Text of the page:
BEIJING • An unfamiliar grimace shot across Clarissa Chun's face as Canadian Carol Huynh flashed her Olympic gold medal on the podium.
"I was going to kiss the medal if I got that gold," Chun said. "Everyone bites it. I was going to make out with mine."
The Olympic Training Center wrestler never got the chance Saturday at the Beijing Games, pinned by Ukrainian Irini Merleni in the bronze-medal match of the 105.5-pound women's freestyle division.
Chun, 26, was overpowered against Merleni, a 2004 Olympic gold medalist and three-time world champion, after a 2-1, 4-1 victory over Sweden's Sofia Mattsson, a 6-1, 2-1 win over France's Vanessa Boubryemm and a 1-0, 0-3, 1-1 loss to Japan's Chiharu Icho.
She bemoaned technical mistakes in the second Olympic women's wrestling tournament, won by Huynh, with Icho the silver medalist and Merleni and Azerbaijan's Mariya Stadnik taking bronzes.
"I feel like I could have done more," said Chun, her red eyes again welling with tears. "I feel like I didn't lay it all out there completely. I felt like I tried. But when I tried, I was like one step behind."
Merleni controlled the tempo with a low stance and quick hands, yelling from the moment she stepped on the mat in what Chun called an intimidation tactic.
It might have worked.
The first Hawaiian to make an Olympic wrestling team, Chun fell into a headlock 34 seconds into the first period when an attempted arm throw went bad, then Merleni went ahead 2-0 by turning an arm spin into a takedown.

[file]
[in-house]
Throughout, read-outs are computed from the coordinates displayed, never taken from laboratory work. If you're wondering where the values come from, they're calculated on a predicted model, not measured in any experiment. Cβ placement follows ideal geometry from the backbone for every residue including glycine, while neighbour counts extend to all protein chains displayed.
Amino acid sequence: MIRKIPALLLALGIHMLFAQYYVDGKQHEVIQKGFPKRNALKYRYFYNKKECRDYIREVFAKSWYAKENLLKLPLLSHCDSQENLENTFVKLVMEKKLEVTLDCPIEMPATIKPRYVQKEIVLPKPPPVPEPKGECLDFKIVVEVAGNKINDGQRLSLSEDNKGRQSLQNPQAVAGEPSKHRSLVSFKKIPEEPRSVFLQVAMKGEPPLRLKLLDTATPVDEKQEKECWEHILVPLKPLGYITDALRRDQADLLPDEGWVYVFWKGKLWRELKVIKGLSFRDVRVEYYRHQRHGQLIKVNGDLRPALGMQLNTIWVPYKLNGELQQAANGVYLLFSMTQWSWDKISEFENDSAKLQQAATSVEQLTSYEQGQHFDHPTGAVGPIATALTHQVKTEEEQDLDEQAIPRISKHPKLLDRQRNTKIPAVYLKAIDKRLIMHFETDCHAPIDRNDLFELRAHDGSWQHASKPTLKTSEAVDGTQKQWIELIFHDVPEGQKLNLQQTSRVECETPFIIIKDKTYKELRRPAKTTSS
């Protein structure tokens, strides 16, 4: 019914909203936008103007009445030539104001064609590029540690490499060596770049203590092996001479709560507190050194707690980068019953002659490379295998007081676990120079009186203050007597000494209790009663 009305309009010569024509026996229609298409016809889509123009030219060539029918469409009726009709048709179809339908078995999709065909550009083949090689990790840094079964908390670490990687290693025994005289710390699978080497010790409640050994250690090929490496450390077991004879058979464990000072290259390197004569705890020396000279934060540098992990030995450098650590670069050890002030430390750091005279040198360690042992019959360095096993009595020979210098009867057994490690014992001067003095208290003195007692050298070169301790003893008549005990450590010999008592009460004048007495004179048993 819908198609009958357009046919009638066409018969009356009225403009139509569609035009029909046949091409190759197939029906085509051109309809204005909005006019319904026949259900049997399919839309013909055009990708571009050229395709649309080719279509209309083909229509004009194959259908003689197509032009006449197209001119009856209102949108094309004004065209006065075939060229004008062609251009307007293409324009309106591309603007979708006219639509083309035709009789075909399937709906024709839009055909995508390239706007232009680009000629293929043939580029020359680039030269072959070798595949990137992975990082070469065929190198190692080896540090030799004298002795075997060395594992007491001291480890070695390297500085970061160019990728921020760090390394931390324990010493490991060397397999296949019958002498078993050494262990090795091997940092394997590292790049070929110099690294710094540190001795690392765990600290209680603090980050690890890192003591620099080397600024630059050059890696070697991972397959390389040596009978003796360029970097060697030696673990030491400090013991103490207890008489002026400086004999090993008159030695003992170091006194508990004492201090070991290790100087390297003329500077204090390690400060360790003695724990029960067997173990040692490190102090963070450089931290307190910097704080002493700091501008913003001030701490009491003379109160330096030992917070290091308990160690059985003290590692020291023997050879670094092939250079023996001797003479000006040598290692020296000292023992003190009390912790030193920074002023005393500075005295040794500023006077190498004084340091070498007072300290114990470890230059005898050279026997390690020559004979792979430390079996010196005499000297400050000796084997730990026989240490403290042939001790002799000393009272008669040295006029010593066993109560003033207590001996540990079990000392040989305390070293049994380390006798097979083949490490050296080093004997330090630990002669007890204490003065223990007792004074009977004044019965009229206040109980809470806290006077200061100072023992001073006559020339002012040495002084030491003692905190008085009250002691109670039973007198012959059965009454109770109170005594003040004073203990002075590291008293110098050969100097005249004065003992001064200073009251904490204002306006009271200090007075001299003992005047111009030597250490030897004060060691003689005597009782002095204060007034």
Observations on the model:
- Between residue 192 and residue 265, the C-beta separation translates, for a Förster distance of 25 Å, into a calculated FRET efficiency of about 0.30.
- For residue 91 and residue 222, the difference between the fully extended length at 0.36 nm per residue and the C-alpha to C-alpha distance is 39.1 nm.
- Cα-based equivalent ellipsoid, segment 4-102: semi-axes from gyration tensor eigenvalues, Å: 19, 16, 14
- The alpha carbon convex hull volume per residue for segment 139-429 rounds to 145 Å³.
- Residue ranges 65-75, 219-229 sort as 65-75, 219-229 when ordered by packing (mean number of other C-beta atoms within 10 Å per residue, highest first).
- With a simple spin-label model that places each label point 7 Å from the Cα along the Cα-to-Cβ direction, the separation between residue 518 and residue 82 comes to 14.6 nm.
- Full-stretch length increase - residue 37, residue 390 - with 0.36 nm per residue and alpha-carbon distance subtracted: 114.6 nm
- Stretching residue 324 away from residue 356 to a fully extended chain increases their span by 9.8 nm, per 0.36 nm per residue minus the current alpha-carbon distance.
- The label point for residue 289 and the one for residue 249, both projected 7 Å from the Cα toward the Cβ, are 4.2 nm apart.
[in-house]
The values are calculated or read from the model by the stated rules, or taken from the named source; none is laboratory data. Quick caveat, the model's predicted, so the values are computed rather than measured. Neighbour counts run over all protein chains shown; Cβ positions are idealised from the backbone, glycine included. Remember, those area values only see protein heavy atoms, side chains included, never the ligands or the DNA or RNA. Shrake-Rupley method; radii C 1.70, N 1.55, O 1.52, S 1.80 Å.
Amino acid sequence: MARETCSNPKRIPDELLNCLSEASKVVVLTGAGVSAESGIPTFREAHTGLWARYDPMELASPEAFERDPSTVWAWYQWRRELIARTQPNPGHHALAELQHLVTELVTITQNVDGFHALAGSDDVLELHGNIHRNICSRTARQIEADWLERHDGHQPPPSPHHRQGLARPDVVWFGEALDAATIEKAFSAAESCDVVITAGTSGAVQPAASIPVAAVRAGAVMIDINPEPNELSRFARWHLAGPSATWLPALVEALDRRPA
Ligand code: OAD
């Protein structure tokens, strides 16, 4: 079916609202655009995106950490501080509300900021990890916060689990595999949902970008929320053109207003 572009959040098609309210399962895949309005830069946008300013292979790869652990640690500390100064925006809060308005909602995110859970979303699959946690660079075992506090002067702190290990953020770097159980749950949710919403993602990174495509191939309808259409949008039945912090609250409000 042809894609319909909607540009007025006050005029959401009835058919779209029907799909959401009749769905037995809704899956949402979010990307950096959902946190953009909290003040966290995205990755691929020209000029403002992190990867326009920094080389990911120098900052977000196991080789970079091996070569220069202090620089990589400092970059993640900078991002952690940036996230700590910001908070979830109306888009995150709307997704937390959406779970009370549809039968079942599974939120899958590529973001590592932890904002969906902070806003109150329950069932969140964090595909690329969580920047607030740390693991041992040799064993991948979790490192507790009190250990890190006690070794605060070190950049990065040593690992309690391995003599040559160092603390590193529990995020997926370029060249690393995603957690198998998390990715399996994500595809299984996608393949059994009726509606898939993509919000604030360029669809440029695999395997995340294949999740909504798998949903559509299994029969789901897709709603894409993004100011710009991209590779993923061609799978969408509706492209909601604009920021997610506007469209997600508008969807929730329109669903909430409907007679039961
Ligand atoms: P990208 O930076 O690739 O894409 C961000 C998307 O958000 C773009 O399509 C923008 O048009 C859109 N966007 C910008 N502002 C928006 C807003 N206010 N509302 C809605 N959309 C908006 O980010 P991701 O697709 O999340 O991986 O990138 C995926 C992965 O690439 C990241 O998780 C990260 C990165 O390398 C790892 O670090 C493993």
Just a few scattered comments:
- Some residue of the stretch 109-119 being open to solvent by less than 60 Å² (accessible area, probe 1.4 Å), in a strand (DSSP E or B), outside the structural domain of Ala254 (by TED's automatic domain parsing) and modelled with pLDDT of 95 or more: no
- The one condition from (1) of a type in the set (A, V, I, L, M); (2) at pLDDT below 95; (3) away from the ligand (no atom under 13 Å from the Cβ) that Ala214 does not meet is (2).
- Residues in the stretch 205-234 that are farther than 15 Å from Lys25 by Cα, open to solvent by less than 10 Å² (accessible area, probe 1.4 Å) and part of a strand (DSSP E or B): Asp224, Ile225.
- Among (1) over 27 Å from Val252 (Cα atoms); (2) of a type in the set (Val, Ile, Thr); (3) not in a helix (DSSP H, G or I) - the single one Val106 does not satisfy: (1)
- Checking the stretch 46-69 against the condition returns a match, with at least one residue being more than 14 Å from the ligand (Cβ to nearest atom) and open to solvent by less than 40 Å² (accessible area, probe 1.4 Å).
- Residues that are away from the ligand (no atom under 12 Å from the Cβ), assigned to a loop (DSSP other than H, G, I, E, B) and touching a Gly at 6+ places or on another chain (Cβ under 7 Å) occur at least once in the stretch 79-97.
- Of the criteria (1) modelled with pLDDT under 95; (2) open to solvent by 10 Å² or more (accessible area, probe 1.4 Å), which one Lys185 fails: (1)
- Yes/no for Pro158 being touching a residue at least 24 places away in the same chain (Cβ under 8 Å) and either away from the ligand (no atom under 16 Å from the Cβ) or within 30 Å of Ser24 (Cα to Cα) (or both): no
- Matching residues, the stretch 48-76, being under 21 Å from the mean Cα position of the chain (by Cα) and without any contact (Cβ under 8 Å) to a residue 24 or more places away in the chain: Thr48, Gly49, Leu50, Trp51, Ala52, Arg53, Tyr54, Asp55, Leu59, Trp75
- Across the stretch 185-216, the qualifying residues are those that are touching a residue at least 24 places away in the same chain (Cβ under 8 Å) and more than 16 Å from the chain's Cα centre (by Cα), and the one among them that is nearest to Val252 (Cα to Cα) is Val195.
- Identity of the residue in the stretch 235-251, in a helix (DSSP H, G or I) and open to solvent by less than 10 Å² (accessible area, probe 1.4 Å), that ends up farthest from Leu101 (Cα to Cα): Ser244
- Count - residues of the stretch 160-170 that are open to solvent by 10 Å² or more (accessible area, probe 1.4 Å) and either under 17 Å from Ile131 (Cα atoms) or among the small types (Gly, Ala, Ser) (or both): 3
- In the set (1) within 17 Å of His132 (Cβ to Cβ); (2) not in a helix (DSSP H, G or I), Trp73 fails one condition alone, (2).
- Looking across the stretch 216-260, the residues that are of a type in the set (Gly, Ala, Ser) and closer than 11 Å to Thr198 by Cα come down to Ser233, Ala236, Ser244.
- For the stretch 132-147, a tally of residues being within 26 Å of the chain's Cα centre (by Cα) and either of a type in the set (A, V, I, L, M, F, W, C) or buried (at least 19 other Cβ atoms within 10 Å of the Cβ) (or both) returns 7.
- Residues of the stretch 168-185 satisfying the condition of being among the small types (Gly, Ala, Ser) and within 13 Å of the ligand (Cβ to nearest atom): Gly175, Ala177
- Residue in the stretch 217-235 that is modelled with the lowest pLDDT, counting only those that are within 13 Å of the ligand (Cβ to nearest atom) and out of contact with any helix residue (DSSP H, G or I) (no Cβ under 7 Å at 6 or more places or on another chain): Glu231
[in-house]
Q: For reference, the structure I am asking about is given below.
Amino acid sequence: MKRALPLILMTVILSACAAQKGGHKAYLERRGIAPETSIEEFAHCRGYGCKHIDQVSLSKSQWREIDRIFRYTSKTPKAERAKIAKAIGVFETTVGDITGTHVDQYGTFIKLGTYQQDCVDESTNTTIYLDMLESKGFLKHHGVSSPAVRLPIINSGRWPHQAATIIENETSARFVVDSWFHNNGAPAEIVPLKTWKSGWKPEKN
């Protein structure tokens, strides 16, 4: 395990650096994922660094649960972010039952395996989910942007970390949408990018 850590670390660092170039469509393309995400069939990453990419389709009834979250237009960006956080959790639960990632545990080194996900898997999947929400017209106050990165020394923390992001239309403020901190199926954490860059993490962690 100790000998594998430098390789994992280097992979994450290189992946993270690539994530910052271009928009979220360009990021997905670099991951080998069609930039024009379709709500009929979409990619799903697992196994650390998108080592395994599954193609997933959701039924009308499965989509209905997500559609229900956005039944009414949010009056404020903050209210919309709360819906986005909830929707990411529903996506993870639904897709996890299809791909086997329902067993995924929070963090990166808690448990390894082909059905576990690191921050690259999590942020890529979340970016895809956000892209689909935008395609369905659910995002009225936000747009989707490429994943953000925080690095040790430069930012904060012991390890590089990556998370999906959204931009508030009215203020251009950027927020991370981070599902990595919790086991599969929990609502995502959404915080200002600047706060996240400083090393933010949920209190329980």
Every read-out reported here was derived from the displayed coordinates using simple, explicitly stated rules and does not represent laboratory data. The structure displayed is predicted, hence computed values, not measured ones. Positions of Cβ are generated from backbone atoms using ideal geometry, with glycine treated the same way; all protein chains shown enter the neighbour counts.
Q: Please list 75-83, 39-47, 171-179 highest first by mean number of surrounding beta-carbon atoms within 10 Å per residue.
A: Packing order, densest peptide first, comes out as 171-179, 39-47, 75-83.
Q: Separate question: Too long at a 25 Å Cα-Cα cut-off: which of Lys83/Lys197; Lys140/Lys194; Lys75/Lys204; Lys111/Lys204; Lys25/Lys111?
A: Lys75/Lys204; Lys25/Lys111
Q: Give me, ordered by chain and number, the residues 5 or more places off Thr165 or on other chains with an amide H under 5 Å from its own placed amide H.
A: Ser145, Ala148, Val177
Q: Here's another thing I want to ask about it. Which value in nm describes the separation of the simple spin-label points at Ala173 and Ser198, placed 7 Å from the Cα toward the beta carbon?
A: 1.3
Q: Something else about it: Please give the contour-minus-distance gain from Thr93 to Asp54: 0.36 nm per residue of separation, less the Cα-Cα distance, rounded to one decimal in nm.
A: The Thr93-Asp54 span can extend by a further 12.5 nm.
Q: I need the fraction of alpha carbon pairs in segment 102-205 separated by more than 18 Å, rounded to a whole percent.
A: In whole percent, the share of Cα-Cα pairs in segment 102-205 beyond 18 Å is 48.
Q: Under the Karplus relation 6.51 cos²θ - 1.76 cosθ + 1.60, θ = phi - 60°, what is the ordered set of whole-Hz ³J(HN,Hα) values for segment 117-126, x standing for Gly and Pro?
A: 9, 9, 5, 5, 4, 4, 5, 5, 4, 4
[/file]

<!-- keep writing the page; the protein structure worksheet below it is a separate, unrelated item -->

In the second, Merleni grabbed a 1-0 lead on a takedown in the opening 15 seconds before Chun drew even with an arm throw. Merleni fired back, putting Chun on her back and holding her with 54 seconds left.
"I don't even know what happened," Chun said of the pin. "I went back, and I was like, ‘What happened? How did I get there?' I didn't even know. I didn't even know how much time I had left. I can't explain it. I wish I knew."
USA Wrestling national women's coach Terry Steiner maintains Chun hasn't changed since the U.S. Olympic trials, where she upset OTC resident Patricia Miranda, a 2004 Olympic bronze medalist.
"She's the same kind of wrestler, but we didn't wrestle the same kind of match that we did at the trials," said Steiner, adding he's unsure if Chun will retire. "Once they win the first period, you've got to get out and make things happen. We forced a headlock in the first period. We can't give up a point like that."
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